- Without this theological school, which will prepare future pastors and teachers for our diocese, we will not be able to revive the divine service in our national language, - Alan Mouravov is convinced. The main task is to get the people to church. Listening to worship in the Ossetian language, believers will try to grasp the meaning, understand the sequence of services, and want to learn more. The number of parishioners will increase, because most do not yet grasp the meaning of the Church Slavonic text. People will understand that Orthodoxy is their original faith, not an imported faith, as representatives of the so-called "traditional" faith convince them. I think that in the long run the well-being of the Republic of Ossetia-Alania depends on how firmly Orthodoxy will be established here.


In the firm conviction of both Father Anatoly and Alan Mouravov, the revival of liturgical life is the first step toward the restoration of the institution. So now their attention and efforts are focused on the restoration of the house church of Intercession in the building of Ardonsky seminary. While in Ardon there is only one church in honor of St. George the Victorious for 20 thousand people, before the revolution there were three for five thousand people.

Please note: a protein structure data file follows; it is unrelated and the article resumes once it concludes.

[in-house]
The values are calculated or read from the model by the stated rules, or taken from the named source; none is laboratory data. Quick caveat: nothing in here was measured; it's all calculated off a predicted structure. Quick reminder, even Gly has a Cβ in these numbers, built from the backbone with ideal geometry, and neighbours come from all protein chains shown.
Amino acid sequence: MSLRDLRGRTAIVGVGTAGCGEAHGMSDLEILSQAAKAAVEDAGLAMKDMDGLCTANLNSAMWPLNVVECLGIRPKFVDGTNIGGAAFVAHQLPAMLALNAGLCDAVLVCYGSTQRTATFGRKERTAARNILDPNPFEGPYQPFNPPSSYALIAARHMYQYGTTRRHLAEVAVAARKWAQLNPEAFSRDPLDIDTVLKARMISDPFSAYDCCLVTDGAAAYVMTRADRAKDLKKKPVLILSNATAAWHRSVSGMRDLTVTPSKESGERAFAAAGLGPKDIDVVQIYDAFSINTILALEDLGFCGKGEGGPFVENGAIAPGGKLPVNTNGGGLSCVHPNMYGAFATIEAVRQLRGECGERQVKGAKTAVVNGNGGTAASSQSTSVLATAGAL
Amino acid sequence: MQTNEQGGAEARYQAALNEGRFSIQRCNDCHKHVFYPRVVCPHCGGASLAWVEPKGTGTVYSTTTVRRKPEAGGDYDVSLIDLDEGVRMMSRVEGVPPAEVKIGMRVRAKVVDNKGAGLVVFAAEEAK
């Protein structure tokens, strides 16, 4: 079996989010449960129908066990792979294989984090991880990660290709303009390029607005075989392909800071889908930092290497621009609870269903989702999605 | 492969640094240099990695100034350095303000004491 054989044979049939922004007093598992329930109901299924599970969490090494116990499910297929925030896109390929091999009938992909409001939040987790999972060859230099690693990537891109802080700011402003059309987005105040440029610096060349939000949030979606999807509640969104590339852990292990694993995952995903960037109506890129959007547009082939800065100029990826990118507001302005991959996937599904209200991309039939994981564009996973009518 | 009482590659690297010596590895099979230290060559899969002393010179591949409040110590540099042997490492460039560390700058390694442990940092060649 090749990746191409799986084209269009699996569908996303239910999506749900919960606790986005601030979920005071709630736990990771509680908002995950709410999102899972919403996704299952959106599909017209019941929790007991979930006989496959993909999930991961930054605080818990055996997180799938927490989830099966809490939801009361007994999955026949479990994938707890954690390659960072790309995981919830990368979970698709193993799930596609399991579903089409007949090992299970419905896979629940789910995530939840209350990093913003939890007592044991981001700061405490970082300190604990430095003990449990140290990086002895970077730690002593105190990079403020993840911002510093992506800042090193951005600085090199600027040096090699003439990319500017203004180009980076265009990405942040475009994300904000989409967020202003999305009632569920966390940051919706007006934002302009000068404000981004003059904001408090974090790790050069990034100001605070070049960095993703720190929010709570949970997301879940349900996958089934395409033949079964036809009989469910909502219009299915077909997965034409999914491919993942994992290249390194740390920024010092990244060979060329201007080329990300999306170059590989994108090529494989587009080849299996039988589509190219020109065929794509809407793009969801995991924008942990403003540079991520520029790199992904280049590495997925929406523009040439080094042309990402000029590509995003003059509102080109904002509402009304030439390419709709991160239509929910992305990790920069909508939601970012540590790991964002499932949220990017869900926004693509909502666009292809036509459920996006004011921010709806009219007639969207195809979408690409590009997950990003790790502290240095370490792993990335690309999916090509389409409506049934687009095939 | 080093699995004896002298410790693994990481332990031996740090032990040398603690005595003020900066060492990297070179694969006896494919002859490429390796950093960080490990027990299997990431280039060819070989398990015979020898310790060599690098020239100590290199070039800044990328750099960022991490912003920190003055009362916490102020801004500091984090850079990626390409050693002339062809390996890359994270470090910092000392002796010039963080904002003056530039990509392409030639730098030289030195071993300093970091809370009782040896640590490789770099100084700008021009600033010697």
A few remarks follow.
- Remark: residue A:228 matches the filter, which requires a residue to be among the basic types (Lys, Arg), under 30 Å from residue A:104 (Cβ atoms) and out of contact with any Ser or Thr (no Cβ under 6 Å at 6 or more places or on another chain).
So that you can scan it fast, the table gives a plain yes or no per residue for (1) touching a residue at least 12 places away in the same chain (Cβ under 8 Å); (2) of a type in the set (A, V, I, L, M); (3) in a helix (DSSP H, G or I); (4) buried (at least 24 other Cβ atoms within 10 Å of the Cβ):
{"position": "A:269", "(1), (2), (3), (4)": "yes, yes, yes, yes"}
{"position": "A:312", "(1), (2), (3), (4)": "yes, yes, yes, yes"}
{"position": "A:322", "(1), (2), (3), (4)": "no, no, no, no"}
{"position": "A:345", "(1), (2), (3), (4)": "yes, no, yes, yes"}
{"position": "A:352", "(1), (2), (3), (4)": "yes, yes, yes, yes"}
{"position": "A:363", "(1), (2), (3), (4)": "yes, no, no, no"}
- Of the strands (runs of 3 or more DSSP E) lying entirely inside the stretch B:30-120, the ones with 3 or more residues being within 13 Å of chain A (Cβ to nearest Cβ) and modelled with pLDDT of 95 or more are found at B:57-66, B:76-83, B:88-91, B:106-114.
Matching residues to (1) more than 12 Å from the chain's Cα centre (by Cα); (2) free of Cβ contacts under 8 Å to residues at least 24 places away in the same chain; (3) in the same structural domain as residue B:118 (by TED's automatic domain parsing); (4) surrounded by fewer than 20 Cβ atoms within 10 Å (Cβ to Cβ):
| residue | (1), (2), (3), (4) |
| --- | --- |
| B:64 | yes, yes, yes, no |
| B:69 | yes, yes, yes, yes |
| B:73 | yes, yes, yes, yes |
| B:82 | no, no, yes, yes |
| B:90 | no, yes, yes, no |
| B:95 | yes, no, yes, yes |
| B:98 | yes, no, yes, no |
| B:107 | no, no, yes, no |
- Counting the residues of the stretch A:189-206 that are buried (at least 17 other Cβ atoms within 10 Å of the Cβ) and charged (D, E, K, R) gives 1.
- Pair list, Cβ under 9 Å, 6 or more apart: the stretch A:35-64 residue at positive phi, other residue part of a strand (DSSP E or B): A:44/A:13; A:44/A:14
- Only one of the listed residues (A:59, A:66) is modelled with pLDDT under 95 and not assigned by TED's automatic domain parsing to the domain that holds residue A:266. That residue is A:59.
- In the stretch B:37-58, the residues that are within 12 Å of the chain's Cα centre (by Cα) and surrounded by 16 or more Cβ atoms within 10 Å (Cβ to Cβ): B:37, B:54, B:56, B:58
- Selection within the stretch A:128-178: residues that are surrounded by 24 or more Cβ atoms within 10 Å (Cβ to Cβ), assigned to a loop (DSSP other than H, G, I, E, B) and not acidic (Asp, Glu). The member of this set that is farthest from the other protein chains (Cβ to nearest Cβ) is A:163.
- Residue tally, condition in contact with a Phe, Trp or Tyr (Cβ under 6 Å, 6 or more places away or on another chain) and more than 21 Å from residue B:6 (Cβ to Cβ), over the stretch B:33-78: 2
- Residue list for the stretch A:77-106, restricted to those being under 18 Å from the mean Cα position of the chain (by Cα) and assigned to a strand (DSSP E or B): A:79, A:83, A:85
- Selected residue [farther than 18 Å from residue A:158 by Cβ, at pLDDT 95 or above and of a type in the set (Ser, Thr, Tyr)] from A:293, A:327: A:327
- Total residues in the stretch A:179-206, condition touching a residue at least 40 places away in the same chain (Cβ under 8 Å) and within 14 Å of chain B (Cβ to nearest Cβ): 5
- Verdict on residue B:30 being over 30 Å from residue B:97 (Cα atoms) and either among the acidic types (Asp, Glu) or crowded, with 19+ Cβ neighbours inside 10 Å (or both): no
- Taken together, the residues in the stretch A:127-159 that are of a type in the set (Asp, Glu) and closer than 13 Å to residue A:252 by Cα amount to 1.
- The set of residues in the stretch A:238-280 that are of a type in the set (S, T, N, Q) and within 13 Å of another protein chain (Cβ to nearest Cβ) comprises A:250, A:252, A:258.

The Ardonsky seminary was opened in 1895. Many members of the Ossetian intelligentsia graduated from the seminary; among the rectors and inspectors of the religious school were the holy martyrs Andronik (Nikolsky), Nikodim (Krotkov), Pimen (Belolikov), canonized in 2000 at the Council of Bishops of the Russian Orthodox Church. Many members of the clergy of the Vladikavkaz diocese suffered for their faith during the Soviet regime. In particular, the Commission for the Canonization of Saints is collecting information about them.


Knock, and it will be opened to you.